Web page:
Years later, my financial coach helped me realize the shattering effect that early marriage had had on my beliefs and actions. With her encouragement, I took a solid look at the beliefs that stood in the way of my peace, with money and in my life. I discovered I wasn’t actually bad with money, but I had taken on bad habits. As well, there were some things I didn’t know about it that I needed to learn. My journey since has been an adventure of forgiveness, for him and for myself, and of discovery so I could come to the peace I so deeply desire.
Beyond situations that revolve around money directly, the actions of others when not forgiven can keep us in a state of turmoil that impacts how we treat our finances.
Mark, a man I coached several years ago, had been hazed by his college fraternity in a way that endangered his life. Some of his fraternity brothers suggested that his harrowing experience entitled him to spend his money (and credit and loans from family) any way he wanted.
In his late 30s when he started being coached, his emotions were volatile and, as he readily admitted, he blew up, “Much too freely.” Whenever he felt anxious or angry, which was often, he would buy new sports gear, off-road vehicles, and expensive outdoor clothes and boots. This was done with no thought about the consequences.
He was nearly $100,000.00 in debt when he realized he must change things up. His motivation was that, though he’d been married before and divorced in large part due to money conflicts, he wanted to remarry. He didn’t want money to get in the way this time. As we looked for where his money predicament had started, he realized he was still deeply troubled about the event from his freshman year in college. He’d buried his feelings and had never come to grips with it.
We discussed some possible solutions. Mark chose that he wanted to let go of his rage. To him, forgiveness seemed the best path. During his next few coaching sessions we worked with that, and also identified behaviors he wanted to change, including a five-year plan to get out of debt and how he would talk frankly with his fiancee about his debt and the plan. Sixteen months later I was graced to attend his wedding. While he was still deeply in debt, he had made significant headway in paying it down. Mark and his wife recently celebrated their 12th wedding anniversary, debt free. I received the following note acknowledging the work we’d done.
“I realized I didn’t have to excuse the perpetrator’s actions, but I did need to let go of my rage and fear. They were young and so was I. I still know a number of them and, by and large, they are fine contributors to their communities. As for me, I treat my wife so differently than I acted in my first marriage. Now I’m grateful to be able to forgive and let go whenever something gets in the way of our happiness.”
Key Steps to Forgiveness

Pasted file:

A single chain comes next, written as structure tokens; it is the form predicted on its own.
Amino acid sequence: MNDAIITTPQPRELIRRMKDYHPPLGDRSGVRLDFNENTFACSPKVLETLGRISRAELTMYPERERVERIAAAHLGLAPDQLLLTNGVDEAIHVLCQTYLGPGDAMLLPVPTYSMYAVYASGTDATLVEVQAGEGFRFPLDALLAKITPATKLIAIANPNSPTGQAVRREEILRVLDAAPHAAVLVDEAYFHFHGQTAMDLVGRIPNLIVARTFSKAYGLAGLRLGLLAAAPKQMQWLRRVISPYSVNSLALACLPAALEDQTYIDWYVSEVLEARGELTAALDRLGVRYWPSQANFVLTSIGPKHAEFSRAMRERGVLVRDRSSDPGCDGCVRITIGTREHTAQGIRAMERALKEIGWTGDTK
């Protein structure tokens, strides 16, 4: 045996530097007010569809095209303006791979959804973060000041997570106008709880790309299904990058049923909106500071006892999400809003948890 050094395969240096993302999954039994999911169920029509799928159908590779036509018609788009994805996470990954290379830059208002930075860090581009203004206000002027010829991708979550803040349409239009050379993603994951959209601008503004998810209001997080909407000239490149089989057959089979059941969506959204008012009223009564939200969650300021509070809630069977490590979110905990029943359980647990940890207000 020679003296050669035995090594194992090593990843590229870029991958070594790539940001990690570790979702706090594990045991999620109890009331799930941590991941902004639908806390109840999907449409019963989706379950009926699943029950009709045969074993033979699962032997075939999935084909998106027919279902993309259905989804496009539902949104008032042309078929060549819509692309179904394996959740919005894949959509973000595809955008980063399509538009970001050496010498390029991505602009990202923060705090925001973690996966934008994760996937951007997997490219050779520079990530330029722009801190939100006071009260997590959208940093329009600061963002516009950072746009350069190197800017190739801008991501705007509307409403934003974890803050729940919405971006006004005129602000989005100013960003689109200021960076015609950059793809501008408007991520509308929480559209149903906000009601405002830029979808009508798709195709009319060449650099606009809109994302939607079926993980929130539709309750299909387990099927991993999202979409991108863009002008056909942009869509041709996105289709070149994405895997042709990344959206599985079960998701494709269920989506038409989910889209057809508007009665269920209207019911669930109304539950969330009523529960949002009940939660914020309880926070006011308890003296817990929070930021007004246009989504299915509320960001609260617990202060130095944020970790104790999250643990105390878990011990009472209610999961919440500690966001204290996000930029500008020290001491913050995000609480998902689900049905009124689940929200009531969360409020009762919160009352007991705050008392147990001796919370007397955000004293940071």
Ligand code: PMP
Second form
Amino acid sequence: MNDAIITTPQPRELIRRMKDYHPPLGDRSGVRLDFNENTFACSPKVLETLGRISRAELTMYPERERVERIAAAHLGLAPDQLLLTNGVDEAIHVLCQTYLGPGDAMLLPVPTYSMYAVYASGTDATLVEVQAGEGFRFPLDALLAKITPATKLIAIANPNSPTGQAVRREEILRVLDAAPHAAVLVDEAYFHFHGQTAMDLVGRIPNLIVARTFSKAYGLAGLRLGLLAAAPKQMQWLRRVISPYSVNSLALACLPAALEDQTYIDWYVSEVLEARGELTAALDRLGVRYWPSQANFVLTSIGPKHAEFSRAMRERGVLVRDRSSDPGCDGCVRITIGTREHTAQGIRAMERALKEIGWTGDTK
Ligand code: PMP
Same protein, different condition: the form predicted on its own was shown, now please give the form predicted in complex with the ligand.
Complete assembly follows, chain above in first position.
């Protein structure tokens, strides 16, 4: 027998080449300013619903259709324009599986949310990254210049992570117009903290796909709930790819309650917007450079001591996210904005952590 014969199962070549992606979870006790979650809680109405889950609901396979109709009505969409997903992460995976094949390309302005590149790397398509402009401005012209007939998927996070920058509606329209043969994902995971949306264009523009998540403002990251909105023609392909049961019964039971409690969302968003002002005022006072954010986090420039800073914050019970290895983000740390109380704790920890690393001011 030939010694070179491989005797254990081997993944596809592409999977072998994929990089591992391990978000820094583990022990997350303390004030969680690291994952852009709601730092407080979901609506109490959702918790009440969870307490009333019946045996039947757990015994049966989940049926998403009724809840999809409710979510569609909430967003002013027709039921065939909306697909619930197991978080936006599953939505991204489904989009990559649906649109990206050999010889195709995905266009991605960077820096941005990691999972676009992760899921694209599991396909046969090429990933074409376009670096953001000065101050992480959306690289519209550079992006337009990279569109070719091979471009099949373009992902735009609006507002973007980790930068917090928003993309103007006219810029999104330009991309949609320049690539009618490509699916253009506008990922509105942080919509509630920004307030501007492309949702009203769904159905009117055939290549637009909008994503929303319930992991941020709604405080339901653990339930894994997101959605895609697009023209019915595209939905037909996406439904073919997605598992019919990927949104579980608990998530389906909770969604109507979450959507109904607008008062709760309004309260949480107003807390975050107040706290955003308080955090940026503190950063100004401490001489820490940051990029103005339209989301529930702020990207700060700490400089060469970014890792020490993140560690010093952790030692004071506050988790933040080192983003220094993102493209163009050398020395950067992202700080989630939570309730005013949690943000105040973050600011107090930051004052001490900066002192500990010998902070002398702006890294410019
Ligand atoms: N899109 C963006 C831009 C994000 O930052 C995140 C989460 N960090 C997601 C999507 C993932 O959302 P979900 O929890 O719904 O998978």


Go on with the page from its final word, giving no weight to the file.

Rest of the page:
- Seek out and recognize whatever you have not dealt with. Look for events or people that when you think of them you experience anger, frustration, pain & hurt, or some other strong emotion. Make the decision to let it go. It won’t disappear on its own. You must make a conscious decision that you are ready to be done with it and let it go.
- Admit your pain. And your responsibility. After all, who is it that continues to hold on to whatever happened? Write down what occurred with that person or event, especially the feelings you have about it.
- Realize that in every moment you have a choice.
- To continue to feel blame, shame, hurt, rage or some other negative emotion.
- Or to focus on the here and now, what you want your life to be instead. Wouldn’t you rather have the clarity and joy of being fully alive, fulfilled, compassionate and grateful? Choose.
- Forgive them – and yourself. Completely. If the feelings come up again and they probably will, remind yourself, “I have already forgiven them, myself, and the situation. I choose not to carry this weight any longer.” Then breathe in and out slowly and deeply. Let it go. Repeat as often as needed until you begin to feel some peace about the situation.
Bernard Meltzer, respected radio host, said, “When you forgive, you in no way change the past – but you sure do change the future.” Why not let forgiveness light your pathway to the future you desire?
An excellent resource to forgive yourself and others and step into the relationship you desire around money is to do the exercises for Lesson 14 in the Make Peace with Money Workbook, downloadable free at www.makepeacewithmoney.com. Another powerful forgiveness process is in the book The Energy of Money by Maria Nemeth, Ph.D. – the forgiveness process, pages 210–217.
In creating an abundance mindset, the power of giving is not to be underestimated. In a world where we so often focus on what we need, you may from time to time find yourself longing to give. Giving and receiving are two equally important actions, part of the flow of the energy of money.